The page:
Sainsbury sale shelved

A day after the dust has settled it is still barely credible that the Qataris were unable to find an extra £500m to finance their £10.6bn bid for Sainsbury.

Scrabbling the cash together to meet an additional 5% cost could hardly have proved a problem. After all, the price of oil, the foundation of the Qatar Investment Authority’s wealth, has jumped by a fifth since it first approached Sainsbury six months ago.

However, what has changed is the valuation model for the supermarket chain. The late lamented Richard ‘Ratty’ Ratner, the veteran retail analyst at Seymour Pierce, almost choked when he first heard that Sainsbury was being circled by financial buyers.

At the time of the CVC consortium’s initial approach, back in February, he published a note questioning how the proposed offer could provide a sufficient return for the bidders. The mooted 550p a share deal valued Sainsbury at an eye watering 40 times earnings.

The key to the deal was always unlocking the apparent hidden value of the chain’s freeholds. This is what attracted property investor Robert Tchenguiz to take a stake in the chain. His former lieutenant Paul Taylor was running the same model for the Qataris in his role as the chief executive of Delta Two, their investment adviser.

Some analysts always questioned this way of looking at things. After all, how could a big out of town store be used for anything but a big superstore? In any case Sainsbury had already mortgaged much of its property last year, setting up a big securitisation issue to take out most of the value.

The attitude of the founding family, which owns 18% of the company, and the pension fund trustees were relatively insignificant when compared to these overriding valuation issues.

The Qataris wanted to fork out more than the net asset value of the stores. With interest rates rising, property prices falling and a grim Christmas on the retail front in store, the sums couldn’t add up for a deal on this basis.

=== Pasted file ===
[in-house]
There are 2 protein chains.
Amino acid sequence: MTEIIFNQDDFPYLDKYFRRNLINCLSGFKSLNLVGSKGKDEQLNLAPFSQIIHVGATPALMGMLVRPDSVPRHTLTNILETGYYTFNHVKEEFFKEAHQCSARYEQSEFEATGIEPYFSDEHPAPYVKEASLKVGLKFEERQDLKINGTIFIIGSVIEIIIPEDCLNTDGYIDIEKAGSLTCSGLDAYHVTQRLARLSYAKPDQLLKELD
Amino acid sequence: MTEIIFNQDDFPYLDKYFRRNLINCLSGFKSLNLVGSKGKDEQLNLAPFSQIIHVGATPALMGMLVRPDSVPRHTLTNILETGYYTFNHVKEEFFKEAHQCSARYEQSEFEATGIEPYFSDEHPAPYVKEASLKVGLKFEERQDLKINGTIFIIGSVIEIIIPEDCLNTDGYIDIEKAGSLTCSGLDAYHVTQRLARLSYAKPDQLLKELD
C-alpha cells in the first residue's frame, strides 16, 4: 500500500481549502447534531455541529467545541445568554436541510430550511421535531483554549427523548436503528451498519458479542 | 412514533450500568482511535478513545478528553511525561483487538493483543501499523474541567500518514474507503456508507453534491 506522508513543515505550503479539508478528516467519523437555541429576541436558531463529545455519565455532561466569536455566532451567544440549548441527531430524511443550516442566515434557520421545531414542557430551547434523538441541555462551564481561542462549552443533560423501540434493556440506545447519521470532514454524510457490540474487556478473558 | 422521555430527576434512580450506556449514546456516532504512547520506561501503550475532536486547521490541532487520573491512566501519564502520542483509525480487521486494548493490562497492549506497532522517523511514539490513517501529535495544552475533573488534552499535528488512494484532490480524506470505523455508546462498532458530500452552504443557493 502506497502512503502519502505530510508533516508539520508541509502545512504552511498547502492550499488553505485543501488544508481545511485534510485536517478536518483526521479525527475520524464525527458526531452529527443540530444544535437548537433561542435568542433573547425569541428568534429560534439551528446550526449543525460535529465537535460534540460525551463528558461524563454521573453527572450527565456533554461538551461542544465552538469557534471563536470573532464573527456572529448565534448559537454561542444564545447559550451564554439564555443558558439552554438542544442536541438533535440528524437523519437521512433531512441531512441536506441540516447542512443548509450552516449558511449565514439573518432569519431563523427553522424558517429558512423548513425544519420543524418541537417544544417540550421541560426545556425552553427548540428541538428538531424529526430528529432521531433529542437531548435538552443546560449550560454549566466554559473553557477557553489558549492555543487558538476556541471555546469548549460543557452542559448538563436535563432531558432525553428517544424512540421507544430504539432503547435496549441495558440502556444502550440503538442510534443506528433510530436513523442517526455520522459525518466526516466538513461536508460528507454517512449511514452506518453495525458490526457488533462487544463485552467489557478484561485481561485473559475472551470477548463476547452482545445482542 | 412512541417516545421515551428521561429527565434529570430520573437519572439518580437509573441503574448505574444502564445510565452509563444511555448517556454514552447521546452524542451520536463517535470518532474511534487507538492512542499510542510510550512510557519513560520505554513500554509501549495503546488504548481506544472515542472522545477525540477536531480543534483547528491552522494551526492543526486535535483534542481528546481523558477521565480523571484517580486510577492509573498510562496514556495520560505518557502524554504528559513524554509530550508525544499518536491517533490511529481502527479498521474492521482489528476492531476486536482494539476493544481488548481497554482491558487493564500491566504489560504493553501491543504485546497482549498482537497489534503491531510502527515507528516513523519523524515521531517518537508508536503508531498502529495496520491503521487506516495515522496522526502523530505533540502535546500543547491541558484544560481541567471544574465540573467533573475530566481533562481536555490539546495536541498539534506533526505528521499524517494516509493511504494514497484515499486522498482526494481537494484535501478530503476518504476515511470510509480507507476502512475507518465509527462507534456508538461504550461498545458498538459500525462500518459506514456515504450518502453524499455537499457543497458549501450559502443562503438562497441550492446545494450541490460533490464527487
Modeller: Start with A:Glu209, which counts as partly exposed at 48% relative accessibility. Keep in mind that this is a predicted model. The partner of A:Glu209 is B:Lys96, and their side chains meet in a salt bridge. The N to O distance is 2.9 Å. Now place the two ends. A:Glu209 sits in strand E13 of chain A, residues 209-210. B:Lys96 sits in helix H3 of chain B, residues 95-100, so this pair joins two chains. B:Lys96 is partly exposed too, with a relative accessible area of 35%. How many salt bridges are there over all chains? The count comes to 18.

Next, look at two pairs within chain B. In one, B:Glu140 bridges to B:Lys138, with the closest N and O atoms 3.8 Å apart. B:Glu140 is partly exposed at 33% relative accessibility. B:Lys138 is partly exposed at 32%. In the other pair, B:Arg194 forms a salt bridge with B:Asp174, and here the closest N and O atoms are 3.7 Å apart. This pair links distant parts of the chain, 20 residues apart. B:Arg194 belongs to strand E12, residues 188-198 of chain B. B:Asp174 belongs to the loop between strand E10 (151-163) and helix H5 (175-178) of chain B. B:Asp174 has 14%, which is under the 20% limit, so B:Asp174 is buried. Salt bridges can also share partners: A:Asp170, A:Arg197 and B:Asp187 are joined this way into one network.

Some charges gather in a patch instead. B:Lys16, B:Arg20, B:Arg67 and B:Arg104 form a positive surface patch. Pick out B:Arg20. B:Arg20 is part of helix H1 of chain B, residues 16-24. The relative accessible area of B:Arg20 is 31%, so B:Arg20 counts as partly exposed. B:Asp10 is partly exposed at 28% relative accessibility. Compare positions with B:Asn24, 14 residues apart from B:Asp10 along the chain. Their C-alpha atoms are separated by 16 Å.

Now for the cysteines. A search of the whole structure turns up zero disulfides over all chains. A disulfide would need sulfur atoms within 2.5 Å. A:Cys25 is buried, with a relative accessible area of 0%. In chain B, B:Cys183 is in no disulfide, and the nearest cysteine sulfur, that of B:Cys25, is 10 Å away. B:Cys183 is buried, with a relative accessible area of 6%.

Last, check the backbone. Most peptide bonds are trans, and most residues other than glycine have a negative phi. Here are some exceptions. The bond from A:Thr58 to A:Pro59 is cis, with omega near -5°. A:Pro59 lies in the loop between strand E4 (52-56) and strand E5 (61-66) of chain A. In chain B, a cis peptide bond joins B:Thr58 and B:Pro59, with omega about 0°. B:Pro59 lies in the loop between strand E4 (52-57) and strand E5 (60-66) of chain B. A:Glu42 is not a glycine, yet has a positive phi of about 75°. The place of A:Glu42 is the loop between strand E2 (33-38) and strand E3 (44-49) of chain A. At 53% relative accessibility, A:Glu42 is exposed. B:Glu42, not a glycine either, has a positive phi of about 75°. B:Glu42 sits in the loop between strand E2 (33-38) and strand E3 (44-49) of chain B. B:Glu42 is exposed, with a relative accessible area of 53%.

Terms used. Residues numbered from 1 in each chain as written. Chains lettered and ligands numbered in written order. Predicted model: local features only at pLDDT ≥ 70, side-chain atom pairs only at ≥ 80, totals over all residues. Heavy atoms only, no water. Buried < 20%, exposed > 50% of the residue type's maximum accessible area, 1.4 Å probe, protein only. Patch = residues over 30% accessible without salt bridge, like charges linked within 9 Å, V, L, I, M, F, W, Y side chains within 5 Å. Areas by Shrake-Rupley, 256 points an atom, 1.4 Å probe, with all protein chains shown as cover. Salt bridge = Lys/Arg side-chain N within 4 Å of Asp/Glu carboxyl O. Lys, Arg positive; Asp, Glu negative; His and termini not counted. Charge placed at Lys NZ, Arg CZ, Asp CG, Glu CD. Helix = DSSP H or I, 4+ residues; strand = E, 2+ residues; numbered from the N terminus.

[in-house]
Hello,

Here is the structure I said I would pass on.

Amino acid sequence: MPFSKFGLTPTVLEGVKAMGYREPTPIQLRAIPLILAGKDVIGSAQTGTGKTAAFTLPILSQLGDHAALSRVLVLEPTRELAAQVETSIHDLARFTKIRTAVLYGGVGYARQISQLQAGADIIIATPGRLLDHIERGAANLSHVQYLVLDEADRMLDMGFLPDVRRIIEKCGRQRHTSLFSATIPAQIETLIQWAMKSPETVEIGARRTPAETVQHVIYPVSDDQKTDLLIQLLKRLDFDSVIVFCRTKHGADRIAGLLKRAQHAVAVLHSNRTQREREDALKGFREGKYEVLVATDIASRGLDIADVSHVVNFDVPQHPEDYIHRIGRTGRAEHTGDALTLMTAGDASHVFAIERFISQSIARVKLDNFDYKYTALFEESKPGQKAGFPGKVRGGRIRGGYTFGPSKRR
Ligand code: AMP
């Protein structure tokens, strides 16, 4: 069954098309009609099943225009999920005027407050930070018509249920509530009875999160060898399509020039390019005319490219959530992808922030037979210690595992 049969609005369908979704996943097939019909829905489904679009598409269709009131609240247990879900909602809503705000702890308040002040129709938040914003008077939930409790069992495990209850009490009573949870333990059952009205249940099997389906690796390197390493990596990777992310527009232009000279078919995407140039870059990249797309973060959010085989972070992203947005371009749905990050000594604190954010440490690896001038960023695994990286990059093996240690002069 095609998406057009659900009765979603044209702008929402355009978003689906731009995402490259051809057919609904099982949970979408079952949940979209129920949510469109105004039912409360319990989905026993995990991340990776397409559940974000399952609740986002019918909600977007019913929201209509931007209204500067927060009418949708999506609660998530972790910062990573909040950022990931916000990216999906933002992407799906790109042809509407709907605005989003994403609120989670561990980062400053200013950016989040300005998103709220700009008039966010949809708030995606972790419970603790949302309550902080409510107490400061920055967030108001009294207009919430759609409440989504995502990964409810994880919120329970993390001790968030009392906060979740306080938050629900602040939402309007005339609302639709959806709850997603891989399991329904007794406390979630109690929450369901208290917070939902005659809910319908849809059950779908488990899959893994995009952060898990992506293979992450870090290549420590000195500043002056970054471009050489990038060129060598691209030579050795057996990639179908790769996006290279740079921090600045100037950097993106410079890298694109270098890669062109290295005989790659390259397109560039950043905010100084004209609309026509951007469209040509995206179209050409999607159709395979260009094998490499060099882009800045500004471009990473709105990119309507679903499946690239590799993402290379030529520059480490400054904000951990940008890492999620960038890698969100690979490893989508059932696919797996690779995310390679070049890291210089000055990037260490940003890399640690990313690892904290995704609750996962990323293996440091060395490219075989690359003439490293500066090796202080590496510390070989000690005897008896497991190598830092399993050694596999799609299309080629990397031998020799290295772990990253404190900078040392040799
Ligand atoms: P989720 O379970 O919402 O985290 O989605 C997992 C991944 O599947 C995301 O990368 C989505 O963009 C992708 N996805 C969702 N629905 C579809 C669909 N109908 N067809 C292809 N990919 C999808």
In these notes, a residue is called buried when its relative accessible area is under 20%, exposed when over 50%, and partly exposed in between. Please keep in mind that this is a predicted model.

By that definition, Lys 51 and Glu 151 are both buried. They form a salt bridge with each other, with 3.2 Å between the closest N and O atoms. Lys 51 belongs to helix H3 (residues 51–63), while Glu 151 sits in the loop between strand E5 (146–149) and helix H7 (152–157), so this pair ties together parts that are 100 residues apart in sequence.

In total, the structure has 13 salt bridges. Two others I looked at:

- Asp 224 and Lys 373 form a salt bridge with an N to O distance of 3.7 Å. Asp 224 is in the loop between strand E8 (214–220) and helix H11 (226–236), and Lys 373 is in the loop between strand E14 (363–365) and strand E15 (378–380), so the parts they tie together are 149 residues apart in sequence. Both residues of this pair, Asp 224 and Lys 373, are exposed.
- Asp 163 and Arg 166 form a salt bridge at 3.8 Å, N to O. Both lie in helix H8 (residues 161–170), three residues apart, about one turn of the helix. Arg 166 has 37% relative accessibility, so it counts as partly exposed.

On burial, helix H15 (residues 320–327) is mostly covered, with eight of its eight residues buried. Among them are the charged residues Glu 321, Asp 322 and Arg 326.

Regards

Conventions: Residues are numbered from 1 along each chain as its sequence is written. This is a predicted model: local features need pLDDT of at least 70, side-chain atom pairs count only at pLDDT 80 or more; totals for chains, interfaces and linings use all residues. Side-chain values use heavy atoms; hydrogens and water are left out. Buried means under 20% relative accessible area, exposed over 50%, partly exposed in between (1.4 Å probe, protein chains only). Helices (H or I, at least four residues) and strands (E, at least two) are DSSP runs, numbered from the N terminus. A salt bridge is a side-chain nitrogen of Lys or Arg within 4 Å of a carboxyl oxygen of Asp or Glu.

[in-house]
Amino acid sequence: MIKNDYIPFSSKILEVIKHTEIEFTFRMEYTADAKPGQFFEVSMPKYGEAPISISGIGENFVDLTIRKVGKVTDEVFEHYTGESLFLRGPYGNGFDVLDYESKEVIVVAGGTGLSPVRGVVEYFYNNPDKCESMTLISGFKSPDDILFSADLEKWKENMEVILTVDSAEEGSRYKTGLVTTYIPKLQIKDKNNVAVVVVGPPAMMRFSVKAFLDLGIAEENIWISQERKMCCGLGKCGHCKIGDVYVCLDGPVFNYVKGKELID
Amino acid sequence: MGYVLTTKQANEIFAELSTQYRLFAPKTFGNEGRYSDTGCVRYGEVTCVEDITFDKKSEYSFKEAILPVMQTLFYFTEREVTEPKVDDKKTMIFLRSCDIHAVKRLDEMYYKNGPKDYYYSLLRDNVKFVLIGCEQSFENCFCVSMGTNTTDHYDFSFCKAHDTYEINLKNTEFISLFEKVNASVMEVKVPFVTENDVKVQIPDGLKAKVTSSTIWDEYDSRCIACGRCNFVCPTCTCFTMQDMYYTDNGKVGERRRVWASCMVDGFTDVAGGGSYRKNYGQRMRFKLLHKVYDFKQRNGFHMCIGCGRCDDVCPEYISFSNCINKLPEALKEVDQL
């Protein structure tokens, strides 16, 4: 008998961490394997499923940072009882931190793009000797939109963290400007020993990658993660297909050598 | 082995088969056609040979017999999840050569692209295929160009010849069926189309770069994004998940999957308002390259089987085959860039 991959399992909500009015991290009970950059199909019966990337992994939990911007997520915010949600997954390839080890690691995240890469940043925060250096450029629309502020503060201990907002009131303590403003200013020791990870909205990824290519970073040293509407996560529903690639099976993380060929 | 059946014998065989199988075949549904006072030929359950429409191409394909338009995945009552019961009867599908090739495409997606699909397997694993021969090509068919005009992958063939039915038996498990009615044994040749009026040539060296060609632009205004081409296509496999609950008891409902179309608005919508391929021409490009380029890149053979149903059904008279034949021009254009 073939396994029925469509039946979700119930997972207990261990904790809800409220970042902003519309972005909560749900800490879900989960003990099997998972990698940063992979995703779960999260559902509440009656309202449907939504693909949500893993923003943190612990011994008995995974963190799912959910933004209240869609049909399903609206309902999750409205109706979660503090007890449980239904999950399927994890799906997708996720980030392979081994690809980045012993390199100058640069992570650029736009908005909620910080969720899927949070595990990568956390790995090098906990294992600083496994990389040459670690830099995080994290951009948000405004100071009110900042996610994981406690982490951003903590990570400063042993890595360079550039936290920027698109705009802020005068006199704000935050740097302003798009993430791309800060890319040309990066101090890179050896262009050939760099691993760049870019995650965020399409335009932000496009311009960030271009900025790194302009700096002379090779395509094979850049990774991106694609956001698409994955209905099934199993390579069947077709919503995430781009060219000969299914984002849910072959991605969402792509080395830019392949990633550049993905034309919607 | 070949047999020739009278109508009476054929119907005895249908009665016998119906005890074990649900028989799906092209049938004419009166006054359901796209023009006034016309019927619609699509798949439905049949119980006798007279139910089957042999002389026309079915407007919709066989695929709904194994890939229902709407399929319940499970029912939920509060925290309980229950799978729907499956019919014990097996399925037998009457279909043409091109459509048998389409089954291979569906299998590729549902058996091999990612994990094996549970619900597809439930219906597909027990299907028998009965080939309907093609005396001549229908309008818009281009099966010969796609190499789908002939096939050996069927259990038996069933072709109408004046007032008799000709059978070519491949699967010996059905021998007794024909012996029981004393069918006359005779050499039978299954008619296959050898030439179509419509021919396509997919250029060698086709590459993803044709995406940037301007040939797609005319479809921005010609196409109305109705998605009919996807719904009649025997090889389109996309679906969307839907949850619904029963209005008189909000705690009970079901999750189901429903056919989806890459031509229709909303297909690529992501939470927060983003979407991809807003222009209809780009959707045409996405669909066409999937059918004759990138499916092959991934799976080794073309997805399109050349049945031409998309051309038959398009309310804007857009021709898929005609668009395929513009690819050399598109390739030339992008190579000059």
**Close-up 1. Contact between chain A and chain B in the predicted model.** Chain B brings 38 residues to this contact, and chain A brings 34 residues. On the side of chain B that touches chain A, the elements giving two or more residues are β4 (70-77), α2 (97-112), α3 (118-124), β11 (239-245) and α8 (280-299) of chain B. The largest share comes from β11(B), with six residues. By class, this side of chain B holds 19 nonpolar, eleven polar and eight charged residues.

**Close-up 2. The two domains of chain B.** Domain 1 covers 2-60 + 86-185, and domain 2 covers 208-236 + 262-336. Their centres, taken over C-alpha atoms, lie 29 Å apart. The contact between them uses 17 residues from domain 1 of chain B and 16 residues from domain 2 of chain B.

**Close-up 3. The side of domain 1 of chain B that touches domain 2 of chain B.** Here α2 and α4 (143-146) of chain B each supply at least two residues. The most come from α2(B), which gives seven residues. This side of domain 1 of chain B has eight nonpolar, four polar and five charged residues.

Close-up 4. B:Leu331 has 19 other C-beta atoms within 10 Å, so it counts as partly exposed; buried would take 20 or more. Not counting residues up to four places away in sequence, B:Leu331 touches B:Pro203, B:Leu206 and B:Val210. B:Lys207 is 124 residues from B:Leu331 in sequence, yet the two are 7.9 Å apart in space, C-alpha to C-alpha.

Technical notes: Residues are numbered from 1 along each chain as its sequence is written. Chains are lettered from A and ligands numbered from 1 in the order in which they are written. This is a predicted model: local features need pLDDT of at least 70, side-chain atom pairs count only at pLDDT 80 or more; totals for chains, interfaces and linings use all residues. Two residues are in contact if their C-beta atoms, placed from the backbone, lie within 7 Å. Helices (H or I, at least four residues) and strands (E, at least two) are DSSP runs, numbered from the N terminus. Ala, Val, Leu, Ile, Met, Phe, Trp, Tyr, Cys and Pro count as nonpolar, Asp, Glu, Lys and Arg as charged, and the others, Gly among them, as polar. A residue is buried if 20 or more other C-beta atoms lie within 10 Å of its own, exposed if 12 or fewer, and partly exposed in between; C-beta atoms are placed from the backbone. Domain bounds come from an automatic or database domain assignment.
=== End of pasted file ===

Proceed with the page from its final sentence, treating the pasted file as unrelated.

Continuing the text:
However, anyone could have told that to these new kids on the block several months ago. After all, fellow investor Robbie Tchenguiz had already pulled a property deal with pub chain Mitchells & Butlers for similar reasons and CVC’s private equity consortium also fell apart over pricing.

What is strange is that for such an investor with a seemingly limitless investment horizon, such short term issues should have proved insurmountable.

• The long-running auction for Emap’s business and consumer titles has taken another twist with European LBO firm Cinven dropping its interest in the latter, which publishes FHM and Grazia. Reports said that Cinven baulked at a £700m (US$1.45bn) price tag at a time when the magazine market is facing substantial challenges. However, Cinven is believed to still be in the second round of bidding for Emap’s business-to-business arm. An official announcement on the status of the bidding is expected in mid-November. Cinven’s withdrawal is not expected to be the end of private equity interest in the consumer unit. US media group Hearst is understood to have conducted talks with UK private equity media specialist Exponent Private Equity about a joint bid. Reuters added that Exponent has lined up former Emap chief executive Robin Miller for a potential bid.

Sigma Acquisitions, a special purpose investment vehicle of mid-market private equity house Lyceum, acquires Synexus for US$38m (€55.7m). Sigma Acquisitions has agreed to buy UK clinical study recruitment and management specialist, Synexus, at 78 pence a share, valuing the company at about £18.1m (US$38m).That is a 52.9% premium to the closing price of 51 pence per Synexus share on October 18 – the last day before Synexus admitted that it had received an approach. Sigma has irrevocable acceptances of its offer by shareholders holding 54.18% of the equity in Synexus.